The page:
We've Got Hollywood Covered

Will Polanski Walk? Do the Math

The director’s Chino Prison time, plus his Swiss incarceration, may equal no further jail time.

The latest wrinkle in film director Roman Polanski’s legal problems is a hint from one of his French lawyers (since denied by another Polanski attorney) that the auteur is considering throwing in the towel and will stop fighting extradition to the U.S.


Polanski is being portrayed as a man who, rather than potentially spend years behind bars fighting transfer to Los Angeles, will choose to face the music now for his 1977 arrest for sexual assault on a minor.


There may be another reason, however, behind Polanski’s apparent change in attitude, one that would make his voluntary return to Los Angeles a shrewd legal calculation.

In 1978 Polanski surrendered to authorities and was taken to Chino State Prison, where he was to be psychiatrically evaluated. He could have remained there 90 days – the term Superior Court Judge Laurence Rittenband originally had in mind as punishment for Polanski’s confessed crime.

The good Chino shrinks, however, released Polanski after only 42 days of confinement. Rittenband soon let it be known he was going to have Polanski serve the remaining 48 days in jail – which is when the director of "Rosemary’s Baby" and "Chinatown" bolted the States for a 30-year French exile.

That exile ended Sept. 26, when Polanski was detained by the Swiss on an L.A. District Attorney’s arrest warrant. Given Polanski’s age, his international renown, the 32 years that have elapsed since his crime and the fact that his accuser has called for Polanski’s freedom, it isn’t far-fetched to imagine that the time Polanski serves in his Swiss jail cell will be added to his long-ago Chino term.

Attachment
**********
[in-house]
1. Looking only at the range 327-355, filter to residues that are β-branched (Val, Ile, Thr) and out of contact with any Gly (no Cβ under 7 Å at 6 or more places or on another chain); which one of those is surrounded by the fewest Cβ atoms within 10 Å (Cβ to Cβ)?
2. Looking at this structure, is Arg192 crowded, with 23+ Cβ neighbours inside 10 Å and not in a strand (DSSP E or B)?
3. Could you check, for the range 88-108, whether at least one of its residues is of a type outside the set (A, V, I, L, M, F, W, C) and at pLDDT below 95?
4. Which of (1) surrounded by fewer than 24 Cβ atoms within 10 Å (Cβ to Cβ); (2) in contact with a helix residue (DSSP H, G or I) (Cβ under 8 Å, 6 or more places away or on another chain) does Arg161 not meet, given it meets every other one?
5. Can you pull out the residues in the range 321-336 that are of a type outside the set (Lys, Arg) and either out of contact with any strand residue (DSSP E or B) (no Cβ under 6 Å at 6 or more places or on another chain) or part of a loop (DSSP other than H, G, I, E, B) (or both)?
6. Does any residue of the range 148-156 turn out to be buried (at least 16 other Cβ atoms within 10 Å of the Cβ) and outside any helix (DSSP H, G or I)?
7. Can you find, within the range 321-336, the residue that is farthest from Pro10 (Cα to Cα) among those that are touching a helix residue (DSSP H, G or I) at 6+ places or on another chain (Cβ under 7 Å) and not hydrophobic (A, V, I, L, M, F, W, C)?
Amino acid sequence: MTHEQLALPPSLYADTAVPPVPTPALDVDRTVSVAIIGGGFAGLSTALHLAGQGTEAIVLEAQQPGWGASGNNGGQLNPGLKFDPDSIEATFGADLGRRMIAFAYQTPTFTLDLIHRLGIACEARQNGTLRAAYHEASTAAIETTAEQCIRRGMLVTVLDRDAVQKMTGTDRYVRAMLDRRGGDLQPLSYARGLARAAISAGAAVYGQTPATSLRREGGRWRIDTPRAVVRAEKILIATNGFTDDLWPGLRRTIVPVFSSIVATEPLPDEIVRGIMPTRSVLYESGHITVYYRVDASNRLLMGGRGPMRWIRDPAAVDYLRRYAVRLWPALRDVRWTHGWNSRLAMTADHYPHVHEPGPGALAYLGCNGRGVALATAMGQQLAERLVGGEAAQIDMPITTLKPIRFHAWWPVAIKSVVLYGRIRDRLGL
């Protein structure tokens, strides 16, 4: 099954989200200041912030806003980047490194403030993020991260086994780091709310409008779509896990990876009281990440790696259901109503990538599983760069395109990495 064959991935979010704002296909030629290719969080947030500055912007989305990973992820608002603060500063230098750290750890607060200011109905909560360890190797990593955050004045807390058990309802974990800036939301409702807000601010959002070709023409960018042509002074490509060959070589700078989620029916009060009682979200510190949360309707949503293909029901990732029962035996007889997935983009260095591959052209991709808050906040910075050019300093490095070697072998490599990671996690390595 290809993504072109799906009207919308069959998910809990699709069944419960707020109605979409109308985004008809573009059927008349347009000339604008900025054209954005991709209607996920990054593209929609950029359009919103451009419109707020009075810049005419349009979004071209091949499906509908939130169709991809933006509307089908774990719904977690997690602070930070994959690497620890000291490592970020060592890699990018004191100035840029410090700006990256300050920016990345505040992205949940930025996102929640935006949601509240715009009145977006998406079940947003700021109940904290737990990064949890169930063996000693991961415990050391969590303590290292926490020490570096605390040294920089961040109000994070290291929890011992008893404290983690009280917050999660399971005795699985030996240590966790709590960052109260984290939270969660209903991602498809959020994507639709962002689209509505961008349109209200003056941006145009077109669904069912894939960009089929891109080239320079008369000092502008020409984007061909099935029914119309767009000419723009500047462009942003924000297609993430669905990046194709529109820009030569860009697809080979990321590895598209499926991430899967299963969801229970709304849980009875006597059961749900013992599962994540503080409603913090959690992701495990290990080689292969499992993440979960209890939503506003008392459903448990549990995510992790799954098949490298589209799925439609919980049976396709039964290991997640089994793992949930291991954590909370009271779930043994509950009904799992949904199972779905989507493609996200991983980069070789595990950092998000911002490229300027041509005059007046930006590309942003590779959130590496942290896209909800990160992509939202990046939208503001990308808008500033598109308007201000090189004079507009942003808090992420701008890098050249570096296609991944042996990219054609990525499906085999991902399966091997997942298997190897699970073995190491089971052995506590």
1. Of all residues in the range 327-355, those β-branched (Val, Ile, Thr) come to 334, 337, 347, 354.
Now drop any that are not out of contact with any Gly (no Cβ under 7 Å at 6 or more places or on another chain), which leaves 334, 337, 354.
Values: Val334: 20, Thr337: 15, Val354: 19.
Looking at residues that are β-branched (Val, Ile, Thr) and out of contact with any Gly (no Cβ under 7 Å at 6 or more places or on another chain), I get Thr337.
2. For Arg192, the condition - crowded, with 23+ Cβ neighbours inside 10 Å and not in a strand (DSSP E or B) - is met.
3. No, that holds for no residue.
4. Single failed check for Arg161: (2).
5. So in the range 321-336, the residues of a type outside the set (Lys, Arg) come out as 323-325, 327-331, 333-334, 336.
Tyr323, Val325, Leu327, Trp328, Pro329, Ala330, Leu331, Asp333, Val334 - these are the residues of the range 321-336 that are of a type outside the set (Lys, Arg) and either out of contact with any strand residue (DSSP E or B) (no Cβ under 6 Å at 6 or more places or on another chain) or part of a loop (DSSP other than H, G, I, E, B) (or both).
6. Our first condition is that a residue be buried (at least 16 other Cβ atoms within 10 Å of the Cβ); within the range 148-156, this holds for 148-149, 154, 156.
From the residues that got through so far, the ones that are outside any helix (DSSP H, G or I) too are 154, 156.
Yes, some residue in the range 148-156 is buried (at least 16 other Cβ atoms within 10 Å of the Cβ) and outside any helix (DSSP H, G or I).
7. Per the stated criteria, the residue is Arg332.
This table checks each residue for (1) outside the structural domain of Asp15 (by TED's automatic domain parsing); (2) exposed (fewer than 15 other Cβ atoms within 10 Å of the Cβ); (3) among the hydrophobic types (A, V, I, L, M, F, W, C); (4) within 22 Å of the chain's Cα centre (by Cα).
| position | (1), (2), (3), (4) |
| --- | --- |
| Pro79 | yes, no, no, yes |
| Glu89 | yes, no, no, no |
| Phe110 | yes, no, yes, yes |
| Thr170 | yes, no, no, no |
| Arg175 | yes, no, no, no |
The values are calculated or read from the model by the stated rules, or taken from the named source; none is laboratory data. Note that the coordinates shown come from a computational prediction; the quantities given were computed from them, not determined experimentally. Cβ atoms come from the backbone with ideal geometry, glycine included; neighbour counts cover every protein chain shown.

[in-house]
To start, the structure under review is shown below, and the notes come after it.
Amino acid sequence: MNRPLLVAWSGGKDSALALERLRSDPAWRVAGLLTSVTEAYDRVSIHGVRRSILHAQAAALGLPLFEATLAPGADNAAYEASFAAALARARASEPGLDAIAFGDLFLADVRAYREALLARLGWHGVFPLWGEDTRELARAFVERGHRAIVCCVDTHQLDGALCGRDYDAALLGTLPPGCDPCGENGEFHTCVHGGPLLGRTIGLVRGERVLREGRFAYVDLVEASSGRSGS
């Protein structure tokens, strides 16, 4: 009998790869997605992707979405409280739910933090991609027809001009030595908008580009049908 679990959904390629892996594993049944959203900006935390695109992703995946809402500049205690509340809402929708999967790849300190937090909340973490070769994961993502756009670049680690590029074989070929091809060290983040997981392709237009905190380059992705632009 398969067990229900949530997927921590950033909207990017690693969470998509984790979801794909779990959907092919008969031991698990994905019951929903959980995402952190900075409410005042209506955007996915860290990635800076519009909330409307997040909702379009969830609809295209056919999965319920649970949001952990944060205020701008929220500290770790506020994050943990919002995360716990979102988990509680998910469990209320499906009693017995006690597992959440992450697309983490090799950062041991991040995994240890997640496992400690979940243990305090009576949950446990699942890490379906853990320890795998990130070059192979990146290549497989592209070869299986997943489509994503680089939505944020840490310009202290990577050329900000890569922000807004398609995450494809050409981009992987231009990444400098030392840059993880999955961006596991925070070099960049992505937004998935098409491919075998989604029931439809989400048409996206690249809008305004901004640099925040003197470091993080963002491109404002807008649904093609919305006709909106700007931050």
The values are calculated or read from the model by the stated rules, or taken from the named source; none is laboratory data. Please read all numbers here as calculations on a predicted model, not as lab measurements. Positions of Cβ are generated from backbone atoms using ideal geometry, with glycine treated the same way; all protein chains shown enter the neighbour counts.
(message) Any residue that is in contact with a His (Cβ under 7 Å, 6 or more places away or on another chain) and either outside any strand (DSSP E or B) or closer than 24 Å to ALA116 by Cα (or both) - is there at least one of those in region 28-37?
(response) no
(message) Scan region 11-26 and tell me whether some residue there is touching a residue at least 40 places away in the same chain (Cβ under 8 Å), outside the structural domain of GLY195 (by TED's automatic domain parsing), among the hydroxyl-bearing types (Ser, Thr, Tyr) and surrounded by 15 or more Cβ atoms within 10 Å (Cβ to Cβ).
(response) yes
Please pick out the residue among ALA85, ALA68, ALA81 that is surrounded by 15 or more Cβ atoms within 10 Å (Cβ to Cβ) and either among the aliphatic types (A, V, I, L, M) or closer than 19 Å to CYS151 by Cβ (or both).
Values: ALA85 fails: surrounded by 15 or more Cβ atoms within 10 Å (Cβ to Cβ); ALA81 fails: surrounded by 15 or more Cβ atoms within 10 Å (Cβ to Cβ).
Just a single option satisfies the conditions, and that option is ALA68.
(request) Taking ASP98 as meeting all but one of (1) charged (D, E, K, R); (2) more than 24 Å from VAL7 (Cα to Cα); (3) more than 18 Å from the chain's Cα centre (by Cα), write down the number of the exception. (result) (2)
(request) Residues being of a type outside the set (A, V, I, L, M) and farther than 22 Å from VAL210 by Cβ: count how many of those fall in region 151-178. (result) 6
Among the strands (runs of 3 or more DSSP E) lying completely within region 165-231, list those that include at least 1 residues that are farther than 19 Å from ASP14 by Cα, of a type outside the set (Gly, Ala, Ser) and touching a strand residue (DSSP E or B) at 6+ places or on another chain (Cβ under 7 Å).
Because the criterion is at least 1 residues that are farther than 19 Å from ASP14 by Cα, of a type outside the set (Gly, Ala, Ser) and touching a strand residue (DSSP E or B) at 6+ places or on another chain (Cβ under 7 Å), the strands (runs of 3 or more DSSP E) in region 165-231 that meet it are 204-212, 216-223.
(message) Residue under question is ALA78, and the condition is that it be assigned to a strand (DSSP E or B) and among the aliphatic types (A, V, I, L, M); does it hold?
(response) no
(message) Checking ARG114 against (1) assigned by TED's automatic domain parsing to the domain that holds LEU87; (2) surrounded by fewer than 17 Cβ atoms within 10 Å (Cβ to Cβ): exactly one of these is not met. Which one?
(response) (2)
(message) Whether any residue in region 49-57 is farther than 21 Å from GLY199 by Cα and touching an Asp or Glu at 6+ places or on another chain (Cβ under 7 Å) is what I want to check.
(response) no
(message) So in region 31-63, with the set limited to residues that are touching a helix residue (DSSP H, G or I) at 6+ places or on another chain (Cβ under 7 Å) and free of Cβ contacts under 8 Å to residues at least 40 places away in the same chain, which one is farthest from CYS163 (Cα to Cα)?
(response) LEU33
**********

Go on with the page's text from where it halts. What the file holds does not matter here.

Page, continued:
It’s a matter of doing the math: As of today he has been in Swiss confinement 26 days – on Nov. 13 Polanski will have spent 48 days there, resulting in a total of 90 days in confinement. It will be interesting to see what happens around that date if he is still in Switzerland.

Another curious coincidence is that although the D.A.’s office knew four days in advance that its warrant was about to cause Polanski’s arrest, the office did not have an extradition request prepared until last week. A spokeswoman for the D.A.’s office says that is standard procedure, and that the office has 40 days to submit an international extradition request, via the U.S. Department of Justice. (The Swiss allow 60 days.)

Still, this lack of urgency has allowed Polanski to build up weeks of potential jail-time credit in Switzerland. 

When asked about the D.A.’s seeming unhurried approach to filing for extradition, a source who speaks to Polanski on a regular basis, but who wishes to remain unidentified, says simply, “Read between the lines.” This same source also says that Polanski’s medical condition in prison, which caused him to be briefly transferred to a hospital, “Is not good” and, in another possibly telling sign, the source tells TheWrap that the D.A.’s office has not indicated a desire to press charges against Polanski for skipping the country.

To many, those words may sound like clues from Polanski’s noir thriller "Chinatown." The next 22 days may reveal their exact meaning.